The prospect of understanding intelligence is tantalizing and timeless. Yet, now is a uniquely appropriate time to pursue this vision at the level of basic research and of technology development.
Why now? Because today, the key fields of cognitive science, neuroscience, and computer science/artificial intelligence are re-converging. This convergence is driven by powerful new tools that allow studies of the brain and mind that inform the design of intelligent artifacts and vice versa – a positive loop from science to engineering and from engineering to science. These new tools include a dramatic increase in computing power and storage, the availability of massive datasets, the development of mathematical frameworks for learning, and the broad progress in neuroscience over the course of the past five decades.
Integrating intelligence across vision, language, planning, and other domains is possible now because of advances in understanding the cognitive, neural, and computational bases of each domain. A developmental approach to intelligence is now possible because of revolutionary work in infant cognition based on looking time, reaching, and increasingly large-scale video data collection, and physiological and neuroimaging methods. Neuroimaging, plus genetic methods of dissecting the neural circuits underlying learning and decision, now allows the study of intelligence and the brain at both large and small scales.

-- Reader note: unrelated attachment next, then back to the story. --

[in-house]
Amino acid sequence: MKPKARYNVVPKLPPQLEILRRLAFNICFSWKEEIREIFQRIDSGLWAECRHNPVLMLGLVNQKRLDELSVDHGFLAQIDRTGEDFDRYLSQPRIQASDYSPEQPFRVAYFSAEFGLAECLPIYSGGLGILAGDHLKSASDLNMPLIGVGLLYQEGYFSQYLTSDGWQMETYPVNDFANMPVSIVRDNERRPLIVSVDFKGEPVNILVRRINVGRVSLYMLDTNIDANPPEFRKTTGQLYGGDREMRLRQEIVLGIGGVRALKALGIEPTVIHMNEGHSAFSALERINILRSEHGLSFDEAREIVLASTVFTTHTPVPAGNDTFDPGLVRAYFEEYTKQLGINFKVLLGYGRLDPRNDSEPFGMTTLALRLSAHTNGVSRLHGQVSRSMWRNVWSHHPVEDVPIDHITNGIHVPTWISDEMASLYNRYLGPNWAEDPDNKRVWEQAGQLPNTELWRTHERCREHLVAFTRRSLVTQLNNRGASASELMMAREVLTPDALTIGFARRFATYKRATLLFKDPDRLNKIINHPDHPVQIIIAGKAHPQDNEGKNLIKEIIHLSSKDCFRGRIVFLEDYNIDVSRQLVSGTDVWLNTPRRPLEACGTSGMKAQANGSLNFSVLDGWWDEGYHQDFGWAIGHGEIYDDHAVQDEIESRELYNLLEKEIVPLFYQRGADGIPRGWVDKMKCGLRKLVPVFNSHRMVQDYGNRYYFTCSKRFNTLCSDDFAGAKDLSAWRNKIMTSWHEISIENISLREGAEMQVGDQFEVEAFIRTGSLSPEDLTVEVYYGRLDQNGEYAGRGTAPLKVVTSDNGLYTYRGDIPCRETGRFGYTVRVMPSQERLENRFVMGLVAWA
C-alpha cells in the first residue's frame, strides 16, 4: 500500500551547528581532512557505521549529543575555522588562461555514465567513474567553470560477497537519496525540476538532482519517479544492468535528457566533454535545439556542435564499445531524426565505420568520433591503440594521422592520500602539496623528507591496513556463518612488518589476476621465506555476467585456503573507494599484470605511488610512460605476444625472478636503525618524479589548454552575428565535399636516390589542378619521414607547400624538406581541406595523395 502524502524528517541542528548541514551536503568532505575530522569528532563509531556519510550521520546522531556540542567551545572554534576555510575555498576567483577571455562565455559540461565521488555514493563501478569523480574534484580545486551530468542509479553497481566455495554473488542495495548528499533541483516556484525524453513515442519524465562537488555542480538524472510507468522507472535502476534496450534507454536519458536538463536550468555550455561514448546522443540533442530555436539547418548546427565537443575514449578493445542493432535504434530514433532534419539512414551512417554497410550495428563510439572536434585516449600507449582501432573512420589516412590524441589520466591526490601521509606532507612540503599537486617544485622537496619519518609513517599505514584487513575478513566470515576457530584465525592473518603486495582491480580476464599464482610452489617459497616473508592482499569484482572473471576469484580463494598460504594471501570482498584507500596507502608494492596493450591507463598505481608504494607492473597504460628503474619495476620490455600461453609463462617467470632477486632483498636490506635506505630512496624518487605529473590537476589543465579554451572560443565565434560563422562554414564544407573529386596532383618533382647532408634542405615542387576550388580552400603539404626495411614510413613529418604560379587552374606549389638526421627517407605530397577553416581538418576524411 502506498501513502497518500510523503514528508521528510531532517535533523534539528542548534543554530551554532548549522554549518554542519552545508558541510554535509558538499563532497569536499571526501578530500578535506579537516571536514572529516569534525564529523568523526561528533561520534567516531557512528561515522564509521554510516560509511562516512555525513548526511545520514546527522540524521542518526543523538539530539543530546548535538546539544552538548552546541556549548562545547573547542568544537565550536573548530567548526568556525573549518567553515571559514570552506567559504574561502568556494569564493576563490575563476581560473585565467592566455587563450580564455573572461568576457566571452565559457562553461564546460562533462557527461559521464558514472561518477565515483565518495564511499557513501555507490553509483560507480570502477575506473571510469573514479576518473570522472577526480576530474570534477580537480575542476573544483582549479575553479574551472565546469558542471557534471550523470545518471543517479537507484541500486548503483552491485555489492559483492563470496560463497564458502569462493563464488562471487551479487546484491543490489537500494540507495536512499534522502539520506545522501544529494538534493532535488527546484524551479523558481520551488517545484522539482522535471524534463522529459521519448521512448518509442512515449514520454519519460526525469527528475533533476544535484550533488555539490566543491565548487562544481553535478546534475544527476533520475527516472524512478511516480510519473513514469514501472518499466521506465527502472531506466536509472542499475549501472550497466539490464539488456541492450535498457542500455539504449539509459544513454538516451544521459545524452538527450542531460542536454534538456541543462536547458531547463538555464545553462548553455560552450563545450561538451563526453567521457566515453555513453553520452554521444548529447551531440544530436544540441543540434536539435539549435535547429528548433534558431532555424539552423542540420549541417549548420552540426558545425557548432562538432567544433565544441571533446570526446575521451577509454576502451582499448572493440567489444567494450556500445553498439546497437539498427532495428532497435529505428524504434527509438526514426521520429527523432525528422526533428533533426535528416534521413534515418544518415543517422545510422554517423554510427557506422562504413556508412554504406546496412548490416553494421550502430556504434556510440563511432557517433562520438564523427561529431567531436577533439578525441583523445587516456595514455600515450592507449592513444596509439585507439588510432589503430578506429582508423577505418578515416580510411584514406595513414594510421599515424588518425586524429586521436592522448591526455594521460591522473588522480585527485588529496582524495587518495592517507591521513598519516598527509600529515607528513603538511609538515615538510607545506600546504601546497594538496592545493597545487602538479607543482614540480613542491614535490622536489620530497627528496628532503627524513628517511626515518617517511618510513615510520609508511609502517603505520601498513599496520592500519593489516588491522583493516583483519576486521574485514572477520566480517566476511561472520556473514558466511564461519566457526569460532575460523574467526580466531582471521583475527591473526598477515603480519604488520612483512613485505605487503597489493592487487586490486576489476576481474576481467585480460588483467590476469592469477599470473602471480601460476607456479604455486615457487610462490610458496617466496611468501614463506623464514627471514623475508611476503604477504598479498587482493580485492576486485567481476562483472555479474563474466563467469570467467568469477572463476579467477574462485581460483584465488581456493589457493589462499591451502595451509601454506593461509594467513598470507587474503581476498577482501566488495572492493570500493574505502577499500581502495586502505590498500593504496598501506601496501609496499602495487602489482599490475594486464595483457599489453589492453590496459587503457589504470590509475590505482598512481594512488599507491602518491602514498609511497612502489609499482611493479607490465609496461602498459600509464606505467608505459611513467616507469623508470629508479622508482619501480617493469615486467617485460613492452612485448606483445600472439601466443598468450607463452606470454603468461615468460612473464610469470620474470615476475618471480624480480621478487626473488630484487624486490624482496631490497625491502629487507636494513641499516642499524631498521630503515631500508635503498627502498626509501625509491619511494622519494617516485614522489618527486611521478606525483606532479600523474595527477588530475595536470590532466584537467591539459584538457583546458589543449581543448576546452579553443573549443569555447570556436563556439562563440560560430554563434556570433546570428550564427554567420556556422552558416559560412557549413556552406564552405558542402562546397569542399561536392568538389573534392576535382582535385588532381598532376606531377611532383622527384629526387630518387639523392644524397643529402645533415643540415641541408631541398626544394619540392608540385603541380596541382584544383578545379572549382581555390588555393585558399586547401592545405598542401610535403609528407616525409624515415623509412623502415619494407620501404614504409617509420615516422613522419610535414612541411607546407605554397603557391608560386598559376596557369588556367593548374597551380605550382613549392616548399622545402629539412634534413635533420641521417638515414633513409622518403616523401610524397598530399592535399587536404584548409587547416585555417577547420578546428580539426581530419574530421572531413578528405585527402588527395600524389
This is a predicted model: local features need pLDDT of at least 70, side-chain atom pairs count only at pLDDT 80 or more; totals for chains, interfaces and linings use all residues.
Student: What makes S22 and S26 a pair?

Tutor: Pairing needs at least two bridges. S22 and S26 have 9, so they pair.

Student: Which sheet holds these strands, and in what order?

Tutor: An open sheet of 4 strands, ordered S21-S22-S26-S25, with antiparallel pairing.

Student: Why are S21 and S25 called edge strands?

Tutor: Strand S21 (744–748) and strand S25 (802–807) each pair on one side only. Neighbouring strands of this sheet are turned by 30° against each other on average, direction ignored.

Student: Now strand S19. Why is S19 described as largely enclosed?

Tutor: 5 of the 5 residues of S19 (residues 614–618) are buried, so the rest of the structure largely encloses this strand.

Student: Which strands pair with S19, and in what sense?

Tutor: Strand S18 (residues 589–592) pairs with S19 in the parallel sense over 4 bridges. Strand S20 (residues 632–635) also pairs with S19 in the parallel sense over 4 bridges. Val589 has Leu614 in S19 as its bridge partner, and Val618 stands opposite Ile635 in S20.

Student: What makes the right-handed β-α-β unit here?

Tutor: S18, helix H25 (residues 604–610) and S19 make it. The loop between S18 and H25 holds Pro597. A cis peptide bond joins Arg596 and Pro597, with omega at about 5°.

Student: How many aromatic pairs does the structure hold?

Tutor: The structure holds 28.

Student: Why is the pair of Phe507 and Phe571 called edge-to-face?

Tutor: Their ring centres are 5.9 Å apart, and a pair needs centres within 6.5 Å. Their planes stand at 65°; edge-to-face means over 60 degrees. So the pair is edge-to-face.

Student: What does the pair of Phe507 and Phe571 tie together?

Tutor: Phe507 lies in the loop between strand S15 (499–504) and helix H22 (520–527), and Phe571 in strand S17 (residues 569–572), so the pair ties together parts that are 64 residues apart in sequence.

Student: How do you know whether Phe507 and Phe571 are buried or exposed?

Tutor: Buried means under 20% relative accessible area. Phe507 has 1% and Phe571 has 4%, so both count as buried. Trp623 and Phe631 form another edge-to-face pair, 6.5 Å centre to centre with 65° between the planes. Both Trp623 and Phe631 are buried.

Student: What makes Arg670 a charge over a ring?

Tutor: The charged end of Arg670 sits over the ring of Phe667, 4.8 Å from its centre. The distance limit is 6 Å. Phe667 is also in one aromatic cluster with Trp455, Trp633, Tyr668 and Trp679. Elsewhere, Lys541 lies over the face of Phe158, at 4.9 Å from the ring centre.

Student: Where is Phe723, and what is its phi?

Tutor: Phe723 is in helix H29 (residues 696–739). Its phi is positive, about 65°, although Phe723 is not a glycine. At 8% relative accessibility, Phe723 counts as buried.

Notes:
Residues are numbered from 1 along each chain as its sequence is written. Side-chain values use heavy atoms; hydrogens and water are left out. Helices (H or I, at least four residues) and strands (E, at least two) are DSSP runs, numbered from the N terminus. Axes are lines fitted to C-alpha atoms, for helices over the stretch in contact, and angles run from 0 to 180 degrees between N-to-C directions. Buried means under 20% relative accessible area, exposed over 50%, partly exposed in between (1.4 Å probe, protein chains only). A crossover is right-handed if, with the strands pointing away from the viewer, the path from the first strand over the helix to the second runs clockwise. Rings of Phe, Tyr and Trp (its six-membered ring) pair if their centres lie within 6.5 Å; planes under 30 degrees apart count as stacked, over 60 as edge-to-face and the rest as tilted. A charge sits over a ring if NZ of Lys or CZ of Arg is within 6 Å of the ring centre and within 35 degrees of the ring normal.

Recent discoveries about brain systems and innate behavioral capacities for social cognition, and the development of robotic and AI systems that for the first time interact intelligently with humans, make it clear that we must study intelligence in a social context. (I will be discussing these discoveries in great detail during my masterclass session at the upcoming Israeli Presidential Conference in Jerusalem.)
The broader impact of this research effort will be the establishment of a new field: the Science and Engineering of Intelligence. This new area of research and technology will leverage the progress in computer science, neuroscience, and cognitive science. The ability to develop more intelligent machines will influence a technology-based economy in the long term. The dream is to understand, at the computational level, how human intelligence emerges from the integration of nature and nurture — innate capacities and learning — and how we may reproduce this aspect of intelligent behavior in machines.
Success will ultimately enable us to understand ourselves better, to produce more intelligent machines, and perhaps even to make ourselves smarter.